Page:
In a letter to the family of his closest friend, Einstein wrote that the man’s dying meant nothing because “people like us, who believe in physics, know that the distinction between past, present and future is only a stubbornly persistent illusion.”

I find comfort in that idea, along with physicist Julian Barbour’s notion of time as an endless series of “nows” that are always existent. He, and many other physicists, see each individual moment as distinct, whole, complete and everlasting, arrayed like Polaroids laid out on a table, all together.

Many spiritual traditions call upon us to live in the present moment to give ourselves the gift of experiencing our lives in an immediate way. I see those as connected.

The last scene in “Terrible Unlikelihood” shows my grandmother still existing in the world and having existed through the events that followed her death. I find comfort in the possibility that the “chaos of time” has allowed her to have been here always — and still.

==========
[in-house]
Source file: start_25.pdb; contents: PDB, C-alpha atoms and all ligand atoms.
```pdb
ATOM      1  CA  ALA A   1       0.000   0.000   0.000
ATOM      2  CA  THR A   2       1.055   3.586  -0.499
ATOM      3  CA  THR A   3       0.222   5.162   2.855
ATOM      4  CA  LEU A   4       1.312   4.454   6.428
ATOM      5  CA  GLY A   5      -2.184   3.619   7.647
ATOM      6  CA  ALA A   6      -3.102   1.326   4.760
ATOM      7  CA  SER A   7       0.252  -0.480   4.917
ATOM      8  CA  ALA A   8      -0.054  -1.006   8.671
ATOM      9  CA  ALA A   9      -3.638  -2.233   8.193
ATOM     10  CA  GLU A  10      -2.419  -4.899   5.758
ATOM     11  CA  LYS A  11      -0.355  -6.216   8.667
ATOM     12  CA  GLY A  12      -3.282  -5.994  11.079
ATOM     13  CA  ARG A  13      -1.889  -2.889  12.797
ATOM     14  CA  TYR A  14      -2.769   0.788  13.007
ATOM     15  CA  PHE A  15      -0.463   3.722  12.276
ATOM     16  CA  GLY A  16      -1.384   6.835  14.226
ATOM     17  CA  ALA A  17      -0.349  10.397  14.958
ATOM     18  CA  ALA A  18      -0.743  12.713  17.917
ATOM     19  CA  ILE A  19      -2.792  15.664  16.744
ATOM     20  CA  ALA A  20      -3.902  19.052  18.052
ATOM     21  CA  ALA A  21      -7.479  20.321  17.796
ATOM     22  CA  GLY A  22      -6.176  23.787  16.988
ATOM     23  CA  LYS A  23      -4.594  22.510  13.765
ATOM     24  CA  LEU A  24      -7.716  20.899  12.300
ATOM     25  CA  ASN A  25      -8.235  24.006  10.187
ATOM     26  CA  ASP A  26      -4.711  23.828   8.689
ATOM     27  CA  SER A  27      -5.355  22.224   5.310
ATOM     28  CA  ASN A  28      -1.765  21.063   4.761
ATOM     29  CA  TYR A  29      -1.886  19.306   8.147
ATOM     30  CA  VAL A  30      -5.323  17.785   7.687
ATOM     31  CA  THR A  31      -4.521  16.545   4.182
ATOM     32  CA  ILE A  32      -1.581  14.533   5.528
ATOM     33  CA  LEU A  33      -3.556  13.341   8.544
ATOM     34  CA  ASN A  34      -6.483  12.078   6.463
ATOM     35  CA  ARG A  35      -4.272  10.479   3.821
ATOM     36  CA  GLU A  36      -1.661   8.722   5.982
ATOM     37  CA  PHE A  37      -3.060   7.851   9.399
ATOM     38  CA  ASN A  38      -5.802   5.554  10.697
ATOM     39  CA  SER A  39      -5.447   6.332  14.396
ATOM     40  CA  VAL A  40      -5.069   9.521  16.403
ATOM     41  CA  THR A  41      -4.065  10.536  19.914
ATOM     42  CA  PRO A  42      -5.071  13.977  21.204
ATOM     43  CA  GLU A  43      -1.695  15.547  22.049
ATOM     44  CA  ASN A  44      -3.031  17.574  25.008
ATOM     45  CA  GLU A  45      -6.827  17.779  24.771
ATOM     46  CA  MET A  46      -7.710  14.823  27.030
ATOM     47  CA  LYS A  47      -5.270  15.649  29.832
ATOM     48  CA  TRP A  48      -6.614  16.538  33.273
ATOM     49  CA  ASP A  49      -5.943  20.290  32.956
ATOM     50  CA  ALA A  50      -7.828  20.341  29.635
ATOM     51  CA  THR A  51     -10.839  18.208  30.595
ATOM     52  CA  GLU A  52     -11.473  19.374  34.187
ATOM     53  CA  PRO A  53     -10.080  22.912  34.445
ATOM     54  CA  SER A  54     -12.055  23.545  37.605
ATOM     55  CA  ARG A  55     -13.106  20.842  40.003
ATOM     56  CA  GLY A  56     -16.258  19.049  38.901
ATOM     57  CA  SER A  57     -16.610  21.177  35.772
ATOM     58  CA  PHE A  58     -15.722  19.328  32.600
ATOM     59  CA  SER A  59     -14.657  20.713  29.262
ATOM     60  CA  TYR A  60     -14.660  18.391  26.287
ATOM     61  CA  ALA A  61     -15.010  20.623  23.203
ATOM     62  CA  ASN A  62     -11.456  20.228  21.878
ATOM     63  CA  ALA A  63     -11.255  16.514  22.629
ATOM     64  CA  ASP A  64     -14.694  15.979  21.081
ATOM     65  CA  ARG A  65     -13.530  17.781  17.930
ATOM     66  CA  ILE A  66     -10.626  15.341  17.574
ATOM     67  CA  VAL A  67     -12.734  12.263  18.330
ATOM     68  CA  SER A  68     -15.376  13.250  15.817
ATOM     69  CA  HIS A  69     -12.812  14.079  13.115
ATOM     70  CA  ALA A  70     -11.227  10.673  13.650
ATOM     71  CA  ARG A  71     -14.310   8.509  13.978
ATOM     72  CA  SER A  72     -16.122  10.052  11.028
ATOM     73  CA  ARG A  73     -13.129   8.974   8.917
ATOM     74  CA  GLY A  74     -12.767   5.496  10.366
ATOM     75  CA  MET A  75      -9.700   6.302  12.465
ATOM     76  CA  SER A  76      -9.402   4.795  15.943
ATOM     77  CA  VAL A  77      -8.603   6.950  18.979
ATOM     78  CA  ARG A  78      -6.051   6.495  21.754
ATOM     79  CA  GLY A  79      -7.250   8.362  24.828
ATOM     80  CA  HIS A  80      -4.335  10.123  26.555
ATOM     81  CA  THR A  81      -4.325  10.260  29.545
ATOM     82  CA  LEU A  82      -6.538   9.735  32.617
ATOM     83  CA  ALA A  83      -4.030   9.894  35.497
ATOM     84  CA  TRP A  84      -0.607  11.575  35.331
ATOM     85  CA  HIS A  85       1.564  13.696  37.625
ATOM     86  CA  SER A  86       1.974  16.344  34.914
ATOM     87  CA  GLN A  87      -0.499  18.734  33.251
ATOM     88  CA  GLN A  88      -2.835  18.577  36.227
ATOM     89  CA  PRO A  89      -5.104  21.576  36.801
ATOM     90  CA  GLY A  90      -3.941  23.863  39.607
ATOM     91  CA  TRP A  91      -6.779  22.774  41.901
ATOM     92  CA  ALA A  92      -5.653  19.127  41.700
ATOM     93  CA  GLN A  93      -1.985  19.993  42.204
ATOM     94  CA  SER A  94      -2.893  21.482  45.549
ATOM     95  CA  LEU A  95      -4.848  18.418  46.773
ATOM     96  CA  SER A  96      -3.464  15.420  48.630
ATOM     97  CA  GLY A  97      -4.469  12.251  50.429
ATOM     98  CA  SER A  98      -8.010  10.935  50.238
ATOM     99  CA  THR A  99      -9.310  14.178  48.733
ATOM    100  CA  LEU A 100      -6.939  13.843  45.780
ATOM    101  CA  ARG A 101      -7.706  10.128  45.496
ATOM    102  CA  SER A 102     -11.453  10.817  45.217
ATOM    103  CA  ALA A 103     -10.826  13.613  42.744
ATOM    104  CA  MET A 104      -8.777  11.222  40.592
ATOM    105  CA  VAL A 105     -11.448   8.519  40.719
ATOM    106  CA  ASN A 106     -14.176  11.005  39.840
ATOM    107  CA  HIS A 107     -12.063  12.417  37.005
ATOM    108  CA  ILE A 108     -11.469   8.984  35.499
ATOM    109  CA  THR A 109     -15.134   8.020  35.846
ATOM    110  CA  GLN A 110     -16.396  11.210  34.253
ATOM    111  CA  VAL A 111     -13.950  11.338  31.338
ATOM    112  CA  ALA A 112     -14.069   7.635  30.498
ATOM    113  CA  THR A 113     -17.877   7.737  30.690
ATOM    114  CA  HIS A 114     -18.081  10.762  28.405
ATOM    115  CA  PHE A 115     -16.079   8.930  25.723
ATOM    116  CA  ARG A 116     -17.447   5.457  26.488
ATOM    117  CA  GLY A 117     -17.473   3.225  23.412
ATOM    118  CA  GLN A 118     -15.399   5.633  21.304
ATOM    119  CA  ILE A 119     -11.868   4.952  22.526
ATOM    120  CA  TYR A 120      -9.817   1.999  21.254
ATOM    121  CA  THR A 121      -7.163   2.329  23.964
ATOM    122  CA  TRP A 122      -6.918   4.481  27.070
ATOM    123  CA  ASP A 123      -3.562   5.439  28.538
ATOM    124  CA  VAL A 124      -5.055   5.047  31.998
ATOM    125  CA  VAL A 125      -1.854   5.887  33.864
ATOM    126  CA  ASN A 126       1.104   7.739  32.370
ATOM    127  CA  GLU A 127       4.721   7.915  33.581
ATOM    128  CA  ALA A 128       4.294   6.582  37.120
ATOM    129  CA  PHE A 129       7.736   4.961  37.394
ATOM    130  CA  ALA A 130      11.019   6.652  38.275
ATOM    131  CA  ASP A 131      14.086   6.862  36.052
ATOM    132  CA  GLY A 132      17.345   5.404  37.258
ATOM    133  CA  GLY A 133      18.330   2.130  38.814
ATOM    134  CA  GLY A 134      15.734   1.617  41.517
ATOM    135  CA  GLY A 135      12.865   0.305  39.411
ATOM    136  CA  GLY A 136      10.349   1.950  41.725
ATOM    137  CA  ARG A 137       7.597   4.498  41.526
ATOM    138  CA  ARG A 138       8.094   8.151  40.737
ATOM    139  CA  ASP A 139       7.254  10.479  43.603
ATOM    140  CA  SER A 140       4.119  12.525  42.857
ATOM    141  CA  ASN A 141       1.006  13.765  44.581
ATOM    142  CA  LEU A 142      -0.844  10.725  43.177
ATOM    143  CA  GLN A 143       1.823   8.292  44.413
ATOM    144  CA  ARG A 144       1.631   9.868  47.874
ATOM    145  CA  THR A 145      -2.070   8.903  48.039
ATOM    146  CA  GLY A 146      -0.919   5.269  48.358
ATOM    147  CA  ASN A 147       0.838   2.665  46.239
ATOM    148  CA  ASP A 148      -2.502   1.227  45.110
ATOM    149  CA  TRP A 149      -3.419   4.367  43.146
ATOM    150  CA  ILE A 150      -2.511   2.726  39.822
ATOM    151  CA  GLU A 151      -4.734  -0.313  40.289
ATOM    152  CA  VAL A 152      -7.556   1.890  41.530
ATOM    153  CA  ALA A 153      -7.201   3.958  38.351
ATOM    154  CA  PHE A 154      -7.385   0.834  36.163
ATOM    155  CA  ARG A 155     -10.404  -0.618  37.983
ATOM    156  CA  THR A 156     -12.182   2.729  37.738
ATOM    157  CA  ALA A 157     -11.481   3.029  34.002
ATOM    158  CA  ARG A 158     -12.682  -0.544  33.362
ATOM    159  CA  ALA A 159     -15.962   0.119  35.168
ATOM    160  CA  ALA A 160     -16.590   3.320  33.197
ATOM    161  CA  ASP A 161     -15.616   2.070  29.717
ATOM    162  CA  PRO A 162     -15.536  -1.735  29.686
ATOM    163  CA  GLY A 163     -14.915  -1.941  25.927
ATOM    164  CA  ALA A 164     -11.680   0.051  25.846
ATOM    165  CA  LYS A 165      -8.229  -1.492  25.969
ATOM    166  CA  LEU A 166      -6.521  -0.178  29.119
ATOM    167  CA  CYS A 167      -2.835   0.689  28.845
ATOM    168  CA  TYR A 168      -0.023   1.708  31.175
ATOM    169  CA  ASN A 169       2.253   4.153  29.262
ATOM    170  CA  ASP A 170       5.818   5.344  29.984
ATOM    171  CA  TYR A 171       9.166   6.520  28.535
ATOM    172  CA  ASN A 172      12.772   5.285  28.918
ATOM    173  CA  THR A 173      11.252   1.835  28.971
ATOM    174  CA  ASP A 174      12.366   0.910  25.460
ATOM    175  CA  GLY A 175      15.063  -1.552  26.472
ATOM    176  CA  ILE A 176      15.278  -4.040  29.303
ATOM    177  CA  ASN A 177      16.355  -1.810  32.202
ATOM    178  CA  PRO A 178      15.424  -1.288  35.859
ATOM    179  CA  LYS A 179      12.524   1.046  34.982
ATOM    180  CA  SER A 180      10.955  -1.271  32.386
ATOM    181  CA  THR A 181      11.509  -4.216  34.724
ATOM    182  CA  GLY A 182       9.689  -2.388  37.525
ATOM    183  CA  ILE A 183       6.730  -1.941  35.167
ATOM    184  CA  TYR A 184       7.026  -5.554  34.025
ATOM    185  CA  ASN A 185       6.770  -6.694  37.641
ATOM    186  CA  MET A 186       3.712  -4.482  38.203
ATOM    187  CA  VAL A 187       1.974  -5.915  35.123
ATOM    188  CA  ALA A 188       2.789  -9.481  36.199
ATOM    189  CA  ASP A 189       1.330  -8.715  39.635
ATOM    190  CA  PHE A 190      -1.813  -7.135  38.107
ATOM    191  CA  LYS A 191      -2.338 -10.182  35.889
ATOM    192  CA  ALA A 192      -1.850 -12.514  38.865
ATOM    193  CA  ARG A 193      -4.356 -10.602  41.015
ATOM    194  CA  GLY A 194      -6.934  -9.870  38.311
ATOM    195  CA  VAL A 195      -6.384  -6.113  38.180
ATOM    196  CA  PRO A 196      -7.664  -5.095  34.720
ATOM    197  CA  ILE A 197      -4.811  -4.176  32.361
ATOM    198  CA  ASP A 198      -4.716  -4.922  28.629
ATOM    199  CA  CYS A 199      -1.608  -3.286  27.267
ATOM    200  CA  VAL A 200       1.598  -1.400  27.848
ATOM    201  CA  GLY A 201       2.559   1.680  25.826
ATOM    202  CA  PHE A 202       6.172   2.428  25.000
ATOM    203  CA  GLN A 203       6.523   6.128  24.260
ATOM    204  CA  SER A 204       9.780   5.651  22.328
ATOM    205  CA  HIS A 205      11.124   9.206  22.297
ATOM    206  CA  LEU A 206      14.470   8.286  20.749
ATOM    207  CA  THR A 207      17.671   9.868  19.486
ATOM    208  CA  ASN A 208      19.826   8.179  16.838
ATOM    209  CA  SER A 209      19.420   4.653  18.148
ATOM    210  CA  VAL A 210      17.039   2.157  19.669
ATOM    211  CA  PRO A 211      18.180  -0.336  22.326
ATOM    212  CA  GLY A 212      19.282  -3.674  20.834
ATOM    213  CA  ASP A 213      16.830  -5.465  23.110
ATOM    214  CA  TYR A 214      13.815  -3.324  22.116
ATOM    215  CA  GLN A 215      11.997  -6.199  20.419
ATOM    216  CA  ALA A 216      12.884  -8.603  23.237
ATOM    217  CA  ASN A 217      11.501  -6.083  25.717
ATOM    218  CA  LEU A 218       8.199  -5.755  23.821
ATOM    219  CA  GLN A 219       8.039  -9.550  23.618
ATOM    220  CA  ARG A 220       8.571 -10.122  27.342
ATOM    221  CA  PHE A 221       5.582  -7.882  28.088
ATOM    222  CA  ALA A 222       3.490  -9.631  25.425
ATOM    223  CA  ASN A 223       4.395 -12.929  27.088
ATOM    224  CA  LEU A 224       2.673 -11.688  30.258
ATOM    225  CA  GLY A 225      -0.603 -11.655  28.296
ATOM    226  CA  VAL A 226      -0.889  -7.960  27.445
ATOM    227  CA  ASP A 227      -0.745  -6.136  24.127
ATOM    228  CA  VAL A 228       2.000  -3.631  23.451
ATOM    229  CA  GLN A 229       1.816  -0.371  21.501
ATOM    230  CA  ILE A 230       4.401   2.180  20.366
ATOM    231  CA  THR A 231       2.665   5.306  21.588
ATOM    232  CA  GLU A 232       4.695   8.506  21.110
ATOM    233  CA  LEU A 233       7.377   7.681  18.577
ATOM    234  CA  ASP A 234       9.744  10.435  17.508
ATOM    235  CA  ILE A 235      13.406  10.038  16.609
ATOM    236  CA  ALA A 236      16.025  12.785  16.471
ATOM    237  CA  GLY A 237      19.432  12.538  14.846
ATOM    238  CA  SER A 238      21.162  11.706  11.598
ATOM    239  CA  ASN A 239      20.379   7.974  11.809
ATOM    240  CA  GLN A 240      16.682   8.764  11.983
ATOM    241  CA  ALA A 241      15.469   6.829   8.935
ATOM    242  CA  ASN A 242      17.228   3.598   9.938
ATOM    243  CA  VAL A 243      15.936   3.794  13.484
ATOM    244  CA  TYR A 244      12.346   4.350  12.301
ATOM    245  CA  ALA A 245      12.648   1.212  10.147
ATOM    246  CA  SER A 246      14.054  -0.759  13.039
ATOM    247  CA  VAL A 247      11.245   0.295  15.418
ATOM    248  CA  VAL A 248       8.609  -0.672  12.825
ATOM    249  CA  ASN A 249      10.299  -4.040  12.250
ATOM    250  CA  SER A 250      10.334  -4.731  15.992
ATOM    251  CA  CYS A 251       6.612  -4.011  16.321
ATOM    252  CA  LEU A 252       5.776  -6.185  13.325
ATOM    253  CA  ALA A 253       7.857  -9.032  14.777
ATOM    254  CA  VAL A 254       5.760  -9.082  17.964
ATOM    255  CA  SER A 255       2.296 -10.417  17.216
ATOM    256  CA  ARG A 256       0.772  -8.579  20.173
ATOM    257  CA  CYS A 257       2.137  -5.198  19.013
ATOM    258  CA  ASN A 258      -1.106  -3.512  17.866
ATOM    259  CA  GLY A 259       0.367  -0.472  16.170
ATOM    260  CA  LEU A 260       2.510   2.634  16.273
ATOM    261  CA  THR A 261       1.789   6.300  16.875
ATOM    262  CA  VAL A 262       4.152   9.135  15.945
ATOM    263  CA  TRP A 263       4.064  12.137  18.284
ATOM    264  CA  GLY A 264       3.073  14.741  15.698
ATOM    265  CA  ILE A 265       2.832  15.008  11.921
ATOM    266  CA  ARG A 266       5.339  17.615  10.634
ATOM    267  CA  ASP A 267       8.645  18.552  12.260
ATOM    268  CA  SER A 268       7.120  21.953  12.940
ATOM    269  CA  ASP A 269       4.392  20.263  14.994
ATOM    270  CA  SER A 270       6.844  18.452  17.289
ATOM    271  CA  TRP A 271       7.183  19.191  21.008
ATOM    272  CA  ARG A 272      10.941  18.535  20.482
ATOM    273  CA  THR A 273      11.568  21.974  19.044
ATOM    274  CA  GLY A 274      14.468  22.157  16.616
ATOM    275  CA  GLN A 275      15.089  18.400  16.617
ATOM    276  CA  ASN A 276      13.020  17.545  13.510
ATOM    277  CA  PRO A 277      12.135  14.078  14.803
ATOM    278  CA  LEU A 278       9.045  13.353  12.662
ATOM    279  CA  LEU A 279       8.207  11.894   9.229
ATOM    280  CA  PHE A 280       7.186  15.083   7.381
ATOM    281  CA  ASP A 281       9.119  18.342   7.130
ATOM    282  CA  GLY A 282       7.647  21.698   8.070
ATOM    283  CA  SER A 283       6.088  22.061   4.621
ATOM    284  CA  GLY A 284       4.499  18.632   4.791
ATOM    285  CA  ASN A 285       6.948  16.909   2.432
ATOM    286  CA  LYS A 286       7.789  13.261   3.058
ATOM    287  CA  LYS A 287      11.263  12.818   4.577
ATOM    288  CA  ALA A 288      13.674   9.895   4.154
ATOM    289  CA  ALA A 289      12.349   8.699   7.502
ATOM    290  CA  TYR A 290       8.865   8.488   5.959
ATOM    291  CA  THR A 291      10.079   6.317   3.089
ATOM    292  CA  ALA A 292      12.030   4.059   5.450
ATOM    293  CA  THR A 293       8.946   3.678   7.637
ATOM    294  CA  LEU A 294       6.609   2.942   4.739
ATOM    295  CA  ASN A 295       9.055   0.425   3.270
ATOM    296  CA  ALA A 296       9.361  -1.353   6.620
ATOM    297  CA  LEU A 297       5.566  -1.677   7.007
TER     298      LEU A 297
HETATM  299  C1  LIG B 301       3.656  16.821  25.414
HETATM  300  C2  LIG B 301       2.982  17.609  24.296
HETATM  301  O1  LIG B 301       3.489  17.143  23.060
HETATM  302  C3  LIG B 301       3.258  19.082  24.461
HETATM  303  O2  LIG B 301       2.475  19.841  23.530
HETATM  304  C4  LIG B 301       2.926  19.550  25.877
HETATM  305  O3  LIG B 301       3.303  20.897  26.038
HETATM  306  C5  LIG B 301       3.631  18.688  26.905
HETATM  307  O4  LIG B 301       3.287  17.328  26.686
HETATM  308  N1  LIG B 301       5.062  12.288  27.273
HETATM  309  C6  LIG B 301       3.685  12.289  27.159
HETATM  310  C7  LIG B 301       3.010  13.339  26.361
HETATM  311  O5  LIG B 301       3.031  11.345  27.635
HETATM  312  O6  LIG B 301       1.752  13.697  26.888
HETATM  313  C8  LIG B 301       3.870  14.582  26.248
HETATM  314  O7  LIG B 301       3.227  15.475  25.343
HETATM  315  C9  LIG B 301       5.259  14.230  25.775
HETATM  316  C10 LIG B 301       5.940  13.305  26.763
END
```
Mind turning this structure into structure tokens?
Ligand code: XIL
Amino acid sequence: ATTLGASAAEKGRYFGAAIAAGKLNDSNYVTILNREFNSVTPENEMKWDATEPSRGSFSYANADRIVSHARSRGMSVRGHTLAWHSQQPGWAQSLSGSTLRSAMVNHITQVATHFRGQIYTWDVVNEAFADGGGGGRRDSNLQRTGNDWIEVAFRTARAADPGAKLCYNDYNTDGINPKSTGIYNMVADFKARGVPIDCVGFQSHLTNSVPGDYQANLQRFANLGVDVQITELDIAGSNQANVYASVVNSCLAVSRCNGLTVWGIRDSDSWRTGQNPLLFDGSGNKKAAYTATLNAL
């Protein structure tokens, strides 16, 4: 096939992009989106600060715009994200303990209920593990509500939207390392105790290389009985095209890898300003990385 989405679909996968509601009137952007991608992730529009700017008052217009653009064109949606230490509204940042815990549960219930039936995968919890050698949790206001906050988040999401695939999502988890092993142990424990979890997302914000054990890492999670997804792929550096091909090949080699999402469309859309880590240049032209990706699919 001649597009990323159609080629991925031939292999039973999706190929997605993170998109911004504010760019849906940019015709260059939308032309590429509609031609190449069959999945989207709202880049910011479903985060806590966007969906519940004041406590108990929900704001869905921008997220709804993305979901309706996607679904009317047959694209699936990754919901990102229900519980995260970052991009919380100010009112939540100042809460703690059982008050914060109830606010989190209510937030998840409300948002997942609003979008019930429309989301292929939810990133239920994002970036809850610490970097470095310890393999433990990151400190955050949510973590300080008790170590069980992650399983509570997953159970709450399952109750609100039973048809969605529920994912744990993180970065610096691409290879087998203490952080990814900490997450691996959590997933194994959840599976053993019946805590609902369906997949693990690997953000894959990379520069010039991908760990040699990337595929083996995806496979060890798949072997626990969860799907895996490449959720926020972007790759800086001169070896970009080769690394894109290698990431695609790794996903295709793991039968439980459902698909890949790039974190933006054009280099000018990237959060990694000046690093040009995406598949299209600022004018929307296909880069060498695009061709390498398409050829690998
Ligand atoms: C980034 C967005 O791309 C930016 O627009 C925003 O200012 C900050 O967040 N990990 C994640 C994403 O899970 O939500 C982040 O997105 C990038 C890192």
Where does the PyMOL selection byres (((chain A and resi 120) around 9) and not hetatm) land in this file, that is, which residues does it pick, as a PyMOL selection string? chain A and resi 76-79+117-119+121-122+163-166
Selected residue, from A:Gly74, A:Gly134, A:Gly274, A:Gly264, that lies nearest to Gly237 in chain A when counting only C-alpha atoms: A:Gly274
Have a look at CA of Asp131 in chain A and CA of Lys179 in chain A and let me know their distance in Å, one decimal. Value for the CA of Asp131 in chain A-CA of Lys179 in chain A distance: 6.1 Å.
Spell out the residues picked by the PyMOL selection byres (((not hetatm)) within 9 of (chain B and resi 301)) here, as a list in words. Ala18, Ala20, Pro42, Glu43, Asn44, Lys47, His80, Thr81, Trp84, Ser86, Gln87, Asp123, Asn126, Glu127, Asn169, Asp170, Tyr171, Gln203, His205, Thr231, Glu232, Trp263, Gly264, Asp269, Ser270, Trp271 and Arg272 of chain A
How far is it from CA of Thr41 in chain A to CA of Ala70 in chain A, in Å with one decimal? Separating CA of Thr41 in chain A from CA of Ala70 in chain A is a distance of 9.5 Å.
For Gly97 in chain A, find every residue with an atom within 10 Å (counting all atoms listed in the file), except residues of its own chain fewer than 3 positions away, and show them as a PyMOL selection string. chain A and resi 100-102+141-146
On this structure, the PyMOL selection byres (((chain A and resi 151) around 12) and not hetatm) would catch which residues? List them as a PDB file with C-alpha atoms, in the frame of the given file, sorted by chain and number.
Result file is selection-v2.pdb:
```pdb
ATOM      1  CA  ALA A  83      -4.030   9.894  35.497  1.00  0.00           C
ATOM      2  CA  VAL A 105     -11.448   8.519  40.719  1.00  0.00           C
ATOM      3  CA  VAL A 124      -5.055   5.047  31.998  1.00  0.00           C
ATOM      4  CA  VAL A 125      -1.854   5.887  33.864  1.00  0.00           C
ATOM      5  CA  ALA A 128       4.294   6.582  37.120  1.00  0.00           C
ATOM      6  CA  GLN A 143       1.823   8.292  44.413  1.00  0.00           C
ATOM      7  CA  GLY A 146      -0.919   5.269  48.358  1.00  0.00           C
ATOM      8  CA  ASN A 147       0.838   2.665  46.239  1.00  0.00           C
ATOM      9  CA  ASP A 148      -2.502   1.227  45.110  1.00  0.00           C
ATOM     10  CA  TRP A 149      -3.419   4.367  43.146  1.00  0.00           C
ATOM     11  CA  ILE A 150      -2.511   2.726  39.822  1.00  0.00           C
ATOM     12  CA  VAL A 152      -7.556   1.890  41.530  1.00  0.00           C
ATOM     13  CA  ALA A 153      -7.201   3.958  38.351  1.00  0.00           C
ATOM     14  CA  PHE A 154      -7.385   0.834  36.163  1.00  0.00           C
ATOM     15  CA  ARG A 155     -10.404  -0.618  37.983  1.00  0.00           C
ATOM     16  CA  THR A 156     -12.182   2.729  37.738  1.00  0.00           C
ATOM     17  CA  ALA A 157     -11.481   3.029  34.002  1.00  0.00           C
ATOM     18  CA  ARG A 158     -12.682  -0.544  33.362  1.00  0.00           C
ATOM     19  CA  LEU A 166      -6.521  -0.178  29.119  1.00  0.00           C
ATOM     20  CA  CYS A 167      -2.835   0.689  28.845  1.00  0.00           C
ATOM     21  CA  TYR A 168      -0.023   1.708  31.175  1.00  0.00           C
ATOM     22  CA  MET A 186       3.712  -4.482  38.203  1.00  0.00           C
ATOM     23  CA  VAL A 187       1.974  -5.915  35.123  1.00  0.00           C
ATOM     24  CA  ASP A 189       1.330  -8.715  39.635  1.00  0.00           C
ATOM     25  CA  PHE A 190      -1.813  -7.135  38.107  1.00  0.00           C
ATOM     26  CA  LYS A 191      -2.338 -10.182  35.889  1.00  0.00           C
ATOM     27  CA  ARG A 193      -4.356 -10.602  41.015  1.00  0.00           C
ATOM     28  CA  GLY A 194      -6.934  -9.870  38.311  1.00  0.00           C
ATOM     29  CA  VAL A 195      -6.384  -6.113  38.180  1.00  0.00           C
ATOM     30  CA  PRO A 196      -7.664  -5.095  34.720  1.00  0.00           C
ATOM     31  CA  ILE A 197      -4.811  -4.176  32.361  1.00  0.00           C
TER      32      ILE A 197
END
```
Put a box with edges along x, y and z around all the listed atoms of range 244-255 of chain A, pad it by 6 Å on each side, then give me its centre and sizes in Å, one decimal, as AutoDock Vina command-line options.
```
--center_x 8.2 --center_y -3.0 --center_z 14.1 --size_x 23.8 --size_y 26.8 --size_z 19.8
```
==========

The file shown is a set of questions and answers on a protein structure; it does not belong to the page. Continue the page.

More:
CNN: So many people are grieving lost loved ones. How might examining the fundamental forces of the universe offer comfort?

Antonetta: I can’t in any way try to diminish someone’s grief. It’s real. It’s terrible. But when I go back to Einstein, I understand that my perception of my very real grief may not be the end of the story. I want to offer people a way of looking at this marvelous universe and what that gives us in terms of how we can interpret our lives and our losses. It’s kind of a meditative practice. I think about the world we live in and I find my mother and grandmother still really present.